Observations on LB400

LB400 was introduced in the Nebraska Unicameral, in January of this year to raise the minimum wage of tip earners.  The current minimum wage in Nebraska for tip earners is $2.13 an hour with restaurants ensuring tipped staff obtain at least $9.00 per hour combined standard wage and tips.  The bill was to raise the minimum wage to $4.50 an hour, without indexing the wage to the regular minimum wage.

The bill includes raises the following questions to assure compliance with wage laws:

  1. Are the restaurants actually ensuring that the employees receive the $9.00 an hour combined standard wage plus tips or are they “gaming” the system to ensure more profits for the company?
  2. Can the employees genuinely rely on the tips of the patrons?
  3. Can “standard tips” accurately be reflected in the $9.00 per hour combined minimum standard wage plus tip?

As business owners, employers should consider reviewing current pay policies, including the often-used practice of tip pooling and/or tip splitting, in order to remain in compliance. Another compliance approach to consider would be the modification and reclassification of employees to non-tipped personnel.

 

https://trackbill.com/bill/nebraska-legislative-bill-400-change-the-minimum-wage-for-persons-compensated-by-way-of-gratuities/1636386/

 

The legislation is not finalized so there will be updates on the status of this bill.

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NEW OVERTIME RULES TEMPORARILY SUSPENDED

For employers preparing to comply with the new salary exemption regulations, designated to start on December 1, 2016, the new rules have been temporarily suspended. The new regulation would have increased the minimum salary required to qualify for the executive, professional, and administrative exemptions, increasing the minimum salary from $23,660 to $47,892 annually. These exemptions are often referred to as the “white collar” exemption and if an employer failed to meet the minimum salary requirement, the employer would have to pay the employee overtime for time worked past 40 hours in a week.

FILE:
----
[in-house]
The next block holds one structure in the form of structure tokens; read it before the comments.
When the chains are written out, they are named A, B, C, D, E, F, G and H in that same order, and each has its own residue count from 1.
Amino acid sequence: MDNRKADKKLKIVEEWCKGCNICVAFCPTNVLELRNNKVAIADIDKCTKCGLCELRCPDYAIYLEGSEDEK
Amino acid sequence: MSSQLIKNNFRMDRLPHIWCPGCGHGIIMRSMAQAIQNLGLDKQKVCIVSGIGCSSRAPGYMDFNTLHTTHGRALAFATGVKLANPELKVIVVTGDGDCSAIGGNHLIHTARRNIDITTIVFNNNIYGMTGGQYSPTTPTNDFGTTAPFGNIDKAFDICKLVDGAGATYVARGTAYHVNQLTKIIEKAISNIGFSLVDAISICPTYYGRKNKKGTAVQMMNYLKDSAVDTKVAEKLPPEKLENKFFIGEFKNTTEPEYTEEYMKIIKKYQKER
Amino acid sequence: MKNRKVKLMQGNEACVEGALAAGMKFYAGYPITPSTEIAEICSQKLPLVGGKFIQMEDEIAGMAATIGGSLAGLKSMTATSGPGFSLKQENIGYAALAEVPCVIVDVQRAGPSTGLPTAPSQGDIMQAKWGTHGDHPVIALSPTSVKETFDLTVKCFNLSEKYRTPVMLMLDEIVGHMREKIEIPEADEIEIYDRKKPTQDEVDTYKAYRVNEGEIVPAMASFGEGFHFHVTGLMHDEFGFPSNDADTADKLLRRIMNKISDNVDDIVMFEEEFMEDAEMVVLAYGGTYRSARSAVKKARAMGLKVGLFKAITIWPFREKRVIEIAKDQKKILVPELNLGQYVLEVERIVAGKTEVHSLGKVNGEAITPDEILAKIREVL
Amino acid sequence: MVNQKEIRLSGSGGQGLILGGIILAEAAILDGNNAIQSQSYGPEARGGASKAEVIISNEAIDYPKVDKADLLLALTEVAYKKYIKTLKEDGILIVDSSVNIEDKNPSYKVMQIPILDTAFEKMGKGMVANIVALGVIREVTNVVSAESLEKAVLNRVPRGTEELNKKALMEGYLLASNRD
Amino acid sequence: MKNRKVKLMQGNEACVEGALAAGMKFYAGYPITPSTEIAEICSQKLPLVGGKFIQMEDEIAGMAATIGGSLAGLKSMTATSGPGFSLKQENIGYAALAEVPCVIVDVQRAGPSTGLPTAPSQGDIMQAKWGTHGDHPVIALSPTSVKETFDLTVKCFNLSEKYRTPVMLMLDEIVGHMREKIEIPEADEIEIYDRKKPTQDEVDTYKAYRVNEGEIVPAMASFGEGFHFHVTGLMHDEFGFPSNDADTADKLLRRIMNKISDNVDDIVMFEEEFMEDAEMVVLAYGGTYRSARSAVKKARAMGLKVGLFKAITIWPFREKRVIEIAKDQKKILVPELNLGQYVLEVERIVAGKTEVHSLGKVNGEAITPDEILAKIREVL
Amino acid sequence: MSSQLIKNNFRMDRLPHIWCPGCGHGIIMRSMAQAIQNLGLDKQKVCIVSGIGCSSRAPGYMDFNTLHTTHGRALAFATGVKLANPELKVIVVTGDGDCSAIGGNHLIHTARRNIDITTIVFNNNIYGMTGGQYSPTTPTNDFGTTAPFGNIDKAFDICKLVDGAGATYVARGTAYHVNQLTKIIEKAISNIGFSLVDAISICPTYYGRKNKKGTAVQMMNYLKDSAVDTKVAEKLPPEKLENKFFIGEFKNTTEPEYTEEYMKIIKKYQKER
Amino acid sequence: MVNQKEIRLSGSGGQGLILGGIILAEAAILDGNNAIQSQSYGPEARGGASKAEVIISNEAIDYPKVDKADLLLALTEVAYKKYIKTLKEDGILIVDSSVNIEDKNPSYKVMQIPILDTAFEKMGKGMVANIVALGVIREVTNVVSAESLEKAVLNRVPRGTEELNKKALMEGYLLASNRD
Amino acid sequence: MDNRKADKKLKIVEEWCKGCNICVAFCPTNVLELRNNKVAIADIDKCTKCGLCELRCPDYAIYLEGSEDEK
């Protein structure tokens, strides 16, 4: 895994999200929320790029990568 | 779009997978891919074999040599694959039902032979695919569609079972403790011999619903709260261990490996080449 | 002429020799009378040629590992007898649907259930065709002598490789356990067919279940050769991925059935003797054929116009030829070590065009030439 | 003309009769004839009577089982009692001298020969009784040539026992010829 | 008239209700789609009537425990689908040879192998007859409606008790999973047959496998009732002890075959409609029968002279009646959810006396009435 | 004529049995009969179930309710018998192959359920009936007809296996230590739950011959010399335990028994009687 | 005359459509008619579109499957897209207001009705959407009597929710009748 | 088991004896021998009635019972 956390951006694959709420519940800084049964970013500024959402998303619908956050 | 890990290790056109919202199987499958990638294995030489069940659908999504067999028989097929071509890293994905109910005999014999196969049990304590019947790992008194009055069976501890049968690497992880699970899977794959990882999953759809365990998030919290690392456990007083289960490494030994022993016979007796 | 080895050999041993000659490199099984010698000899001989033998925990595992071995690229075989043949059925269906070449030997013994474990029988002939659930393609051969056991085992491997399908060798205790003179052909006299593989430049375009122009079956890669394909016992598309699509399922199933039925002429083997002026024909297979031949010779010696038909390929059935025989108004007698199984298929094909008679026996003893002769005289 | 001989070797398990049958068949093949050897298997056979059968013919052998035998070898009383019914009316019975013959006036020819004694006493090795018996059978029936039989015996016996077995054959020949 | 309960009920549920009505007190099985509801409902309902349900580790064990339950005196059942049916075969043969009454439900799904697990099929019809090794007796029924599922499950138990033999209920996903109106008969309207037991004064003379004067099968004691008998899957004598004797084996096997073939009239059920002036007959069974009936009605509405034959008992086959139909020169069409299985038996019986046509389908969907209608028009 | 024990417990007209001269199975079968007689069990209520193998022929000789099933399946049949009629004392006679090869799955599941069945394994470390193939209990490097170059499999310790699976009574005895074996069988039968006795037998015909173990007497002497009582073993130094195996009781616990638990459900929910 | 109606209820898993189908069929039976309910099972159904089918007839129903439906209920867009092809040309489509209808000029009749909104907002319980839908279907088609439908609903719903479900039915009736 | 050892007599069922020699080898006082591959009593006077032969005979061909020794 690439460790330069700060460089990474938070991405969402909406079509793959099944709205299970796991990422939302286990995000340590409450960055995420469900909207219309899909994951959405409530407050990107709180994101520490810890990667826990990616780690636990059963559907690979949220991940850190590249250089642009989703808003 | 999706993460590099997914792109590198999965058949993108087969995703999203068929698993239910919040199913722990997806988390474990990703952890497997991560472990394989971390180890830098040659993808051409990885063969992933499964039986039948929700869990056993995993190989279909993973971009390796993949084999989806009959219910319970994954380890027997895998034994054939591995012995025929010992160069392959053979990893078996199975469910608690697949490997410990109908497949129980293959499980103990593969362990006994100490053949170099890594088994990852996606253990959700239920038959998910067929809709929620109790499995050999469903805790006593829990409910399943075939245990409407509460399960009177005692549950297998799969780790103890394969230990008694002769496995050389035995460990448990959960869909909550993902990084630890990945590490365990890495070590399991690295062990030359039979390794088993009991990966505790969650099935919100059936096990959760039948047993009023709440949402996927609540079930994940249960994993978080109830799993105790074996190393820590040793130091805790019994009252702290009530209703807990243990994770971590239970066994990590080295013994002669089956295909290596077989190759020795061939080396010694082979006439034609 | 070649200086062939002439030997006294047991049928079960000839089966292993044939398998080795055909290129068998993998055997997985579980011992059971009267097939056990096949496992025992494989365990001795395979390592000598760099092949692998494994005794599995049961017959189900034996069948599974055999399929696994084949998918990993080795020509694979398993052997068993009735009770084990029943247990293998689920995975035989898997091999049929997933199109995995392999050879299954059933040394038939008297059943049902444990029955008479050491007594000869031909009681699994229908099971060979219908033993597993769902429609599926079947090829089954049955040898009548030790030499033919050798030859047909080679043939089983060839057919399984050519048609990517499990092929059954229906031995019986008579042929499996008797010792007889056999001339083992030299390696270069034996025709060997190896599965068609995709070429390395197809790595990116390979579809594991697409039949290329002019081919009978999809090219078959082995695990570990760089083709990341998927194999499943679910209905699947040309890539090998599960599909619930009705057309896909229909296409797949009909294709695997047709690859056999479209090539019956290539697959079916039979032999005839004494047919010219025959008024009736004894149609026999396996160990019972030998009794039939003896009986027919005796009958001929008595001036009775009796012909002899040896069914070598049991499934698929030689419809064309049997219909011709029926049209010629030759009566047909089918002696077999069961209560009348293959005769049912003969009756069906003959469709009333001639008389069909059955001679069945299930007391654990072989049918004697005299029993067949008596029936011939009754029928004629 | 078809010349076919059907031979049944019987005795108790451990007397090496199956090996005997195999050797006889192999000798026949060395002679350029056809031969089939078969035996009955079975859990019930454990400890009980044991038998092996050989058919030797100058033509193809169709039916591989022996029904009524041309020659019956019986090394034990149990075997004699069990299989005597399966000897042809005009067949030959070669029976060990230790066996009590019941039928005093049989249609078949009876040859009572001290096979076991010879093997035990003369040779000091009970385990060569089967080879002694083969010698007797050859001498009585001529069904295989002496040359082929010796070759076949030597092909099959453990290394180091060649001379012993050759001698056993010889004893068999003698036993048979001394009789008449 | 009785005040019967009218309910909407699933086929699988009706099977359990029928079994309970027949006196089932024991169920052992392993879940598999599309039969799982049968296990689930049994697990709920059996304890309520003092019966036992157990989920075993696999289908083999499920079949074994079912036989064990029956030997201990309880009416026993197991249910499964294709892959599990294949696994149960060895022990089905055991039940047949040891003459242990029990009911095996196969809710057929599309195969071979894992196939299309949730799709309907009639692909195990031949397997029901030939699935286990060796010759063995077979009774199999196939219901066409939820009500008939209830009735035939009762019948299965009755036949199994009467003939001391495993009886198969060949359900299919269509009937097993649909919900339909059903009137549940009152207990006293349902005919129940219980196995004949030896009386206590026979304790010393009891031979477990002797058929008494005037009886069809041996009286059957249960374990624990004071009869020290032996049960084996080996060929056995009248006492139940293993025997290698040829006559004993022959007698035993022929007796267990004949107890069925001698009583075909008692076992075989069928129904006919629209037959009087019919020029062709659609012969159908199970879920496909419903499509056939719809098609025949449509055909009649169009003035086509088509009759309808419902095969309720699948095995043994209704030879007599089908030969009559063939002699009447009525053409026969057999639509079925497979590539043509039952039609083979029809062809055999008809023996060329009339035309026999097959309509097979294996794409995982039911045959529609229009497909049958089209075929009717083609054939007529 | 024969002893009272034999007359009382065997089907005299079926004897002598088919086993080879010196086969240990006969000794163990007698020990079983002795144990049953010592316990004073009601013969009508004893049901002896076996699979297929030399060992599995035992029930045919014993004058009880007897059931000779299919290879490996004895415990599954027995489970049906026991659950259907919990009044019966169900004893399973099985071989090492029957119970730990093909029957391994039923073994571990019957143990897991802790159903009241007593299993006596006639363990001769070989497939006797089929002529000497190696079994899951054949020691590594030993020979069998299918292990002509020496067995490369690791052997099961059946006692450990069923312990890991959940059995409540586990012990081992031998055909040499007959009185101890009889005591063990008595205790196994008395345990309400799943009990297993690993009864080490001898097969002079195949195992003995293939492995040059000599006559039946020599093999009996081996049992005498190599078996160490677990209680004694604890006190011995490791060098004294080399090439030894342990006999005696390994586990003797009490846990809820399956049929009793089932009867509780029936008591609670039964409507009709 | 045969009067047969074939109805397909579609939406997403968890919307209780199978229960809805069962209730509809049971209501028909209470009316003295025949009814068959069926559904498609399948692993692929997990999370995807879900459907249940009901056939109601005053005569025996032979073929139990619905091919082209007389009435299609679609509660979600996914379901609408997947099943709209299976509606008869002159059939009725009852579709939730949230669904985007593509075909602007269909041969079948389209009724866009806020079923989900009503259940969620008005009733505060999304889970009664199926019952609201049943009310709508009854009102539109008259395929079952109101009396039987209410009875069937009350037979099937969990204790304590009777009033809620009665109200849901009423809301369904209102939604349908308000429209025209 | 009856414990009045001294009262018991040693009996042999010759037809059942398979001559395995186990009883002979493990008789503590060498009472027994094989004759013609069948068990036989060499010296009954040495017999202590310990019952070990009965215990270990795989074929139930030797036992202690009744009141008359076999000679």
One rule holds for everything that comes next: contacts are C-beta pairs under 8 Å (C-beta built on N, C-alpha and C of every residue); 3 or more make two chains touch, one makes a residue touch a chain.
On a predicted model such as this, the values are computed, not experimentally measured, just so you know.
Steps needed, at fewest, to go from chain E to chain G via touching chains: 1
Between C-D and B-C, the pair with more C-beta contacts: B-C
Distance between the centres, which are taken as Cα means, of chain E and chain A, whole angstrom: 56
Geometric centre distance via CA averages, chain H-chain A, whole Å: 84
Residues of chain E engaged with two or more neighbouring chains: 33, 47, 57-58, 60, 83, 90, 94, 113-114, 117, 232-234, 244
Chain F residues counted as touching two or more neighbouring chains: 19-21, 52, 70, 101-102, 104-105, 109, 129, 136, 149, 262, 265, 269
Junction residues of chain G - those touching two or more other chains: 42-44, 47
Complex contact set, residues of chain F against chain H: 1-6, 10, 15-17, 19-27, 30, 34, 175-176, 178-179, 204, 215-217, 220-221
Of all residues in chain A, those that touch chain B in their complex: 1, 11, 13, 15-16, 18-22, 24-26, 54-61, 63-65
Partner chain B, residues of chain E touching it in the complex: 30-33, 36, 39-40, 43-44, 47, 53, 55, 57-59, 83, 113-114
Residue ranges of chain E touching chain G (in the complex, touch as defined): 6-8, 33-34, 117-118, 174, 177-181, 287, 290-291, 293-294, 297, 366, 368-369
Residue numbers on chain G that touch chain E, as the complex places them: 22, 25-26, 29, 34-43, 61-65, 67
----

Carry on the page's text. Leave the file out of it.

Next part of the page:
The temporary injunction means the rule is suspended and will not affect employers until further hearings are held. However, due to the current political climate, it is unclear whether further hearings will occur. Thus, employers do not have to comply with the new exemption rules, but should remain prepared to implement procedures to pay overtime to employees that would not meet the new white collar exemption rules.

For employers that have already implemented policies and procedures to comply with the pending white collar exemption regulations, or those that have communicated pending changes with employees, please contact Vandenack Weaver, LLC, to discuss your options.

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